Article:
If you have benefited from this site or if you would like to help
me cover the costs and time involved with keeping this web site
running, please help me out by paying what you can.
Project Volksmogen
Project Volksmogen part three - the steering
One of the biggest problems with installing port hole axles on an LT is how to handle the steering. As the
Unimog 406 axles are as wide as the LT axles, the steering pivot point is closer to the center of the vehicle.
The steering input for a Unimog is on the passenger side of the vehicle and the steering input for the LT is on
the driver side. A steering arm has to be fabricated for the Unimog axles that is above the leaf spring and will
extend 18cm / 7" from the pivot point. The LT has a low profile two dimensional part that attaches to the wheel
hub - if one was to do this on the Unimog axle it would hit the leaf spring so it has to be made so it is above the
leaf spring like it is in the Puch Noriker prototype.
LT 4x4 Steering Arm
http://www.hasenwerk.ca/lt45doka/unimogaxles/steering.shtml (1 of 4)15/12/2008 22:15:05
Project Volksmogen
Puch Noriker Steering Arm - courtesy of http://www.lt-4x4.de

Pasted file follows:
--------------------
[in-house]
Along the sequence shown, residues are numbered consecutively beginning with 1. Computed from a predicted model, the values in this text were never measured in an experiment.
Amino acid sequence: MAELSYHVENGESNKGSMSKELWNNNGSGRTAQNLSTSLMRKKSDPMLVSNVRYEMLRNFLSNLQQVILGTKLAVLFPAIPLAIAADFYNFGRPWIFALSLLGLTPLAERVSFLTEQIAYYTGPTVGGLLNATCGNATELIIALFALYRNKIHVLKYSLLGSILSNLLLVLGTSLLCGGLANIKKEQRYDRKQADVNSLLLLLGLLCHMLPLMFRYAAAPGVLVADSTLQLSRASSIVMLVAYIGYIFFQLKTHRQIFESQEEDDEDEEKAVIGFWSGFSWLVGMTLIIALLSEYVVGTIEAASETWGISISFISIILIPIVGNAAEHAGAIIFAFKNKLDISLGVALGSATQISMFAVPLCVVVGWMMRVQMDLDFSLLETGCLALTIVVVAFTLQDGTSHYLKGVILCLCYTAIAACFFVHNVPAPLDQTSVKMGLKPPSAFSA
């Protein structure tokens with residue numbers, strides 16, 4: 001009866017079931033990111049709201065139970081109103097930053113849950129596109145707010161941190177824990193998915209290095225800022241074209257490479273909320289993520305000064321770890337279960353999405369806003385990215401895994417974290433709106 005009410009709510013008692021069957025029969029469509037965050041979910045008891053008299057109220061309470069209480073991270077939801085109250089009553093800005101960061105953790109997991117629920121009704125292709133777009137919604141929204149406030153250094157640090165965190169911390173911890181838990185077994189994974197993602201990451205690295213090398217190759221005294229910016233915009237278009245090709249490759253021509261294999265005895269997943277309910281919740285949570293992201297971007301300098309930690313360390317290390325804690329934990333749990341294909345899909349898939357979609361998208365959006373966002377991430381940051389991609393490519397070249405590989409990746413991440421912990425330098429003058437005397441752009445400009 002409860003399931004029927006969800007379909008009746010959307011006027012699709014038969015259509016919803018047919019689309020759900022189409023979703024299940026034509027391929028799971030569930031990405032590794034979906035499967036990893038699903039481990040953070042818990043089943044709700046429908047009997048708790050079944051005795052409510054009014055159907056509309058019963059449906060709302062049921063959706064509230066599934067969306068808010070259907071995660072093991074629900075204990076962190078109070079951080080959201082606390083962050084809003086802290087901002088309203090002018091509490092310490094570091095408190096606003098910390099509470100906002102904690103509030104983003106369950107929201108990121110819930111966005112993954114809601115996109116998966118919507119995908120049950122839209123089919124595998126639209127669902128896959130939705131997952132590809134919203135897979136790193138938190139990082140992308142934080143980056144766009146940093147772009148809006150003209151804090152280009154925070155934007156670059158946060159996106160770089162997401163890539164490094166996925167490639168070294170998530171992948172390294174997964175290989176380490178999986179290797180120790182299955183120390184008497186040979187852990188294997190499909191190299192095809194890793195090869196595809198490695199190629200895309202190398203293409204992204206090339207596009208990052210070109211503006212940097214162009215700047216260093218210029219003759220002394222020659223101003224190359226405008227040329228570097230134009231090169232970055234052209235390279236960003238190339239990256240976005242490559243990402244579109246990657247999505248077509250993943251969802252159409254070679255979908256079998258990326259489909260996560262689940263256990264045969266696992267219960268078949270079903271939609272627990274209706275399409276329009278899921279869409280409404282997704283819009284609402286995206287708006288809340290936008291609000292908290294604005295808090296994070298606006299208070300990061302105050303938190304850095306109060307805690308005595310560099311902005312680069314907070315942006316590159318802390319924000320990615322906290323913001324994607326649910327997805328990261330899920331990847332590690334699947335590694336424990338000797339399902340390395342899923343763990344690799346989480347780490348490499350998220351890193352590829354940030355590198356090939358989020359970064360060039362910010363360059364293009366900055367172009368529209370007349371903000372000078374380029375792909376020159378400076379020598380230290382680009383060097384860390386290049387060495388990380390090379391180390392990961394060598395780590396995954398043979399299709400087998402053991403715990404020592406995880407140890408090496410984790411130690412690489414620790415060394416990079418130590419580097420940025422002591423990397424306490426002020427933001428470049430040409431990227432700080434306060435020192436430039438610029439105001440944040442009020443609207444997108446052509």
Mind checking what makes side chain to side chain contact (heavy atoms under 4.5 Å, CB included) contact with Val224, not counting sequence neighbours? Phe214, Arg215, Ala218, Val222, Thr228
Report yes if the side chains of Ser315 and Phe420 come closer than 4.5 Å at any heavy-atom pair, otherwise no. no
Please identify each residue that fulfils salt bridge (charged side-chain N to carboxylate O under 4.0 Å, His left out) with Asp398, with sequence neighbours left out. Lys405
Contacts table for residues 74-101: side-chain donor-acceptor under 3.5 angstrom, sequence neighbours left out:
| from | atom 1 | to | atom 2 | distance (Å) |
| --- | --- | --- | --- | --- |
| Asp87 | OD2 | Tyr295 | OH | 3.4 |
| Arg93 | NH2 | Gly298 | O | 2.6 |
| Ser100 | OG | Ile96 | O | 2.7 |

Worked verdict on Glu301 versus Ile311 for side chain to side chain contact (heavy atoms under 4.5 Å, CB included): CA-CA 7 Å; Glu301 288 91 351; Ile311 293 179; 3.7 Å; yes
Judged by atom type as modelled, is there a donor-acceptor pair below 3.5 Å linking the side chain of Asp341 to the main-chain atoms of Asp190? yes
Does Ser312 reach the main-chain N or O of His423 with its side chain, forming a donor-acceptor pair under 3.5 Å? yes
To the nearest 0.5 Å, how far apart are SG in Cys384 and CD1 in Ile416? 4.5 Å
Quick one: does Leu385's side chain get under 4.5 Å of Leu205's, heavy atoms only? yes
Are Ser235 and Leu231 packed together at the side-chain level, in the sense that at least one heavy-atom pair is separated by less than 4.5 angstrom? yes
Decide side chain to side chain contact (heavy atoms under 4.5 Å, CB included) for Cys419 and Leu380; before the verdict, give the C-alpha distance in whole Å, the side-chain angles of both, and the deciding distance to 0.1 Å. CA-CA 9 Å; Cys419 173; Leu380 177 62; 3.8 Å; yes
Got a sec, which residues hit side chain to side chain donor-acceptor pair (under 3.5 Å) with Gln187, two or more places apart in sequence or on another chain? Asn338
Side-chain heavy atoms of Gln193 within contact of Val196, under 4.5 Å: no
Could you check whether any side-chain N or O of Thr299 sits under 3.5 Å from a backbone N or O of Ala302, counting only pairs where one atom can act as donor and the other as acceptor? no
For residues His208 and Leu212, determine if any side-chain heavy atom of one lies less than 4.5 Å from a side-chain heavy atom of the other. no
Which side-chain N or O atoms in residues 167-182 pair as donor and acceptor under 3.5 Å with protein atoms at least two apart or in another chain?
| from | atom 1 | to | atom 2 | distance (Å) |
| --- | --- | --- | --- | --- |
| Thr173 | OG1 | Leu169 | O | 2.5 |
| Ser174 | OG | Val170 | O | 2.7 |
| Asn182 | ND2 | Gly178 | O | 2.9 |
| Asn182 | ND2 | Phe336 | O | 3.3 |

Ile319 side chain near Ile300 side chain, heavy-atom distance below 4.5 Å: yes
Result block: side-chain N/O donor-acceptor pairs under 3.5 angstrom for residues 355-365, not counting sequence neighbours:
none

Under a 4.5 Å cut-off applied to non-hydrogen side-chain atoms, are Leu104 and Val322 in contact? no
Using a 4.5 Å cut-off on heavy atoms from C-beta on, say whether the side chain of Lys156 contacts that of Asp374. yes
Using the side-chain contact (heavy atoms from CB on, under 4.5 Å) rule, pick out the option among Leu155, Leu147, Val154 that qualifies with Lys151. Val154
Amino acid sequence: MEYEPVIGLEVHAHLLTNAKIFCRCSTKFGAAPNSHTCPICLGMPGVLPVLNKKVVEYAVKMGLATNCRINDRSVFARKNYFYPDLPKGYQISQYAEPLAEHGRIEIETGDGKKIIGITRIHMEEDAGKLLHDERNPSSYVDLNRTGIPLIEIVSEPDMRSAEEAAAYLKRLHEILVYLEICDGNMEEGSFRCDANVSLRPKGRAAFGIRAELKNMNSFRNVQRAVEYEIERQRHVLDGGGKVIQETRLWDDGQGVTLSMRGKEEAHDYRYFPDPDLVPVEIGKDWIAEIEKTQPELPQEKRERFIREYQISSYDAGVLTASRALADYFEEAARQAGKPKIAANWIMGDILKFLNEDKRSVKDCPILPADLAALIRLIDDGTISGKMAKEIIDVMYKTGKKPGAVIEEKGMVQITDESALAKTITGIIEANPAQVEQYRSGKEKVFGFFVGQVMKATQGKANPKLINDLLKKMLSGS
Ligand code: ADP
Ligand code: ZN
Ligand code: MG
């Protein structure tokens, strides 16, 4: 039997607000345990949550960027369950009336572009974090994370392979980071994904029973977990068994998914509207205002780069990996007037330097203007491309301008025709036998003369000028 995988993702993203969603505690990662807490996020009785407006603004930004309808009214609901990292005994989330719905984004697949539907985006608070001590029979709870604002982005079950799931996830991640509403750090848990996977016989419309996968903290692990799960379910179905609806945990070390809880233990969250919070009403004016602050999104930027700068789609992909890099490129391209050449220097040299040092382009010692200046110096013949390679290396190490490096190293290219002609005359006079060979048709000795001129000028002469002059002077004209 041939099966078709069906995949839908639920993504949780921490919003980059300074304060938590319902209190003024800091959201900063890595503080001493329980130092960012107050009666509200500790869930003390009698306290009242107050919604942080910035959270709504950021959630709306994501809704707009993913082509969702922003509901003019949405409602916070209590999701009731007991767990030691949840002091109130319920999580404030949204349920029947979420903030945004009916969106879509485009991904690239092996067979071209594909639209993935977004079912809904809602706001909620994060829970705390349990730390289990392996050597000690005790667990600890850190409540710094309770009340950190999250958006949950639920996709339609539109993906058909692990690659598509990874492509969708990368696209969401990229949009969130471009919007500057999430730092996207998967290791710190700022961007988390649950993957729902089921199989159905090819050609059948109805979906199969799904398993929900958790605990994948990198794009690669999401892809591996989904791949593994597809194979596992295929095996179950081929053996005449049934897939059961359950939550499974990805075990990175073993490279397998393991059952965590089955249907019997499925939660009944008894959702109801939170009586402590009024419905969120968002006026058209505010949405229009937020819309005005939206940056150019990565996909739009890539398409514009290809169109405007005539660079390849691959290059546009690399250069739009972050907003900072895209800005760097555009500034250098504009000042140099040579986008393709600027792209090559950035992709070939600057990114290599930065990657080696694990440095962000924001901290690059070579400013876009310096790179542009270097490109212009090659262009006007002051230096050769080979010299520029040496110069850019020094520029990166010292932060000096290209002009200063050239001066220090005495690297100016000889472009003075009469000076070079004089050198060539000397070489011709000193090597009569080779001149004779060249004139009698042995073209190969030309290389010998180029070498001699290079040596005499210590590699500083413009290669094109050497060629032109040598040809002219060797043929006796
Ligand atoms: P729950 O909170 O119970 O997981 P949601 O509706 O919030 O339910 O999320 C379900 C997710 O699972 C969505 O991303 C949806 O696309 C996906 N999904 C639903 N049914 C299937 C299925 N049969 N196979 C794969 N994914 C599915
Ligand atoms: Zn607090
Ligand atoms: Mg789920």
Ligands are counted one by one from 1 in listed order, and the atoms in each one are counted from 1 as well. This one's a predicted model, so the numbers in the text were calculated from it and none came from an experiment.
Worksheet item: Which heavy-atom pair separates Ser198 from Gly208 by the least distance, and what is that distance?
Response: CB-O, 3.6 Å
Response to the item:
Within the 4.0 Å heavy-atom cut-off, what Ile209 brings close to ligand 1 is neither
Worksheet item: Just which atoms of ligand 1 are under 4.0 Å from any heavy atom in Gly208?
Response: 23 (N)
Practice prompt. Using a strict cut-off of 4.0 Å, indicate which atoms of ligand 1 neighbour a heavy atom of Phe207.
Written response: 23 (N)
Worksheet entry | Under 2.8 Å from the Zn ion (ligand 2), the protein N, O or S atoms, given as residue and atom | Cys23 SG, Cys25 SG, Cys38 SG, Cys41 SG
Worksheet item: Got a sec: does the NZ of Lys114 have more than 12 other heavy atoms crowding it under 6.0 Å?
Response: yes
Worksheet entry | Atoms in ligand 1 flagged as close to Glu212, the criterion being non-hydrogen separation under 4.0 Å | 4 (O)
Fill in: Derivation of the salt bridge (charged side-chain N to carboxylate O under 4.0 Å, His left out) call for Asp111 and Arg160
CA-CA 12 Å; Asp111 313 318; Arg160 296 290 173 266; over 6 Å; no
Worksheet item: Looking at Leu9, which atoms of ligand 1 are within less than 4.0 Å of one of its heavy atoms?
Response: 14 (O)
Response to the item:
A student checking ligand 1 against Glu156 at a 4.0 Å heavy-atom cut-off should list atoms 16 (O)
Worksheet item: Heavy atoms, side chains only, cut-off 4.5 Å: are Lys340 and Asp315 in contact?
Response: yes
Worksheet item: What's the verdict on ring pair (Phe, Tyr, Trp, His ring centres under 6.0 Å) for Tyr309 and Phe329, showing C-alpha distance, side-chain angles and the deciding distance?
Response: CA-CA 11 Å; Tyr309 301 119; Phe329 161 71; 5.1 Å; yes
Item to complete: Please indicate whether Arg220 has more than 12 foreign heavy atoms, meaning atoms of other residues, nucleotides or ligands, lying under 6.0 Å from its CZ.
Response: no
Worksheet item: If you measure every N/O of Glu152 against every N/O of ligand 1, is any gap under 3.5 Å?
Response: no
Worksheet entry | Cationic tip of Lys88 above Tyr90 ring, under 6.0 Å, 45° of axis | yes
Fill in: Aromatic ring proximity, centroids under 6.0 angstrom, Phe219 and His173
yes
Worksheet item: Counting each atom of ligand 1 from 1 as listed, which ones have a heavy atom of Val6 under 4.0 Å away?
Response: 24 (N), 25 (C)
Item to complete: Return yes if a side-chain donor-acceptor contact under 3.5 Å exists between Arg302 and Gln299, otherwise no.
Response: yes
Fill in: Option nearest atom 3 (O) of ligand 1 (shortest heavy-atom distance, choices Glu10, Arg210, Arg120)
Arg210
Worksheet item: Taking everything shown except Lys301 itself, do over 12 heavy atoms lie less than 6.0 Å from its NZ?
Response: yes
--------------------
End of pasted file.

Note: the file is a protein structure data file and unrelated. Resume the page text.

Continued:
As I don't like to under engineer anything and I don't want to see anyone hurt, I decided to do it right and farm this
project out to an industrial logging equipment fabricator here in town. Here are the results:
http://www.hasenwerk.ca/lt45doka/unimogaxles/steering.shtml (2 of 4)15/12/2008 22:15:05
Project Volksmogen
Volksmogen steering arm built from a Ford F350 steering arm and heavy plate steel
http://www.hasenwerk.ca/lt45doka/unimogaxles/steering.shtml (3 of 4)15/12/2008 22:15:05
Project Volksmogen
Volksmogen steering arm built from a Ford F350 steering arm and heavy plate steel
As you can see... enough clearance for the leaf spring and it's built 10x stronger than it needs to be... I don't
have the invoice for this masterpiece yet... I am afraid to ask!
Information contained on this site is free for non-profit use.
Box 4153, Quesnel BC, V2J 3J2, Canada
http://www.hasenwerk.ca/lt45doka/unimogaxles/steering.shtml (4 of 4)15/12/2008 22:15:05
If you have benefited from this site or if you would like to help
me cover the costs and time involved with keeping this web site
running, please help me out by paying what you can.
Project Volksmogen
Project Volksmogen
Part Four
Leaf spring adaptation
One of the biggest differences between a Volkswagen LT and a Mercedes Unimog is the type of suspension they
use. The Unimog uses coil over springs and the LT uses leaf springs. In my opinion the Unimog has the better
suspension because the coil overs allow a much greater range of suspension travel. I don't have the time or
resources to install springs on all four corners of my LT so adapting the Unimog axles to use leaf springs is what
I did. Also, as you will see in some of the photos, the Unimog axle pinion is close to the oil pan of the LT which
required me to build the spring platforms 2.5" taller than the original VW spring platforms so there would be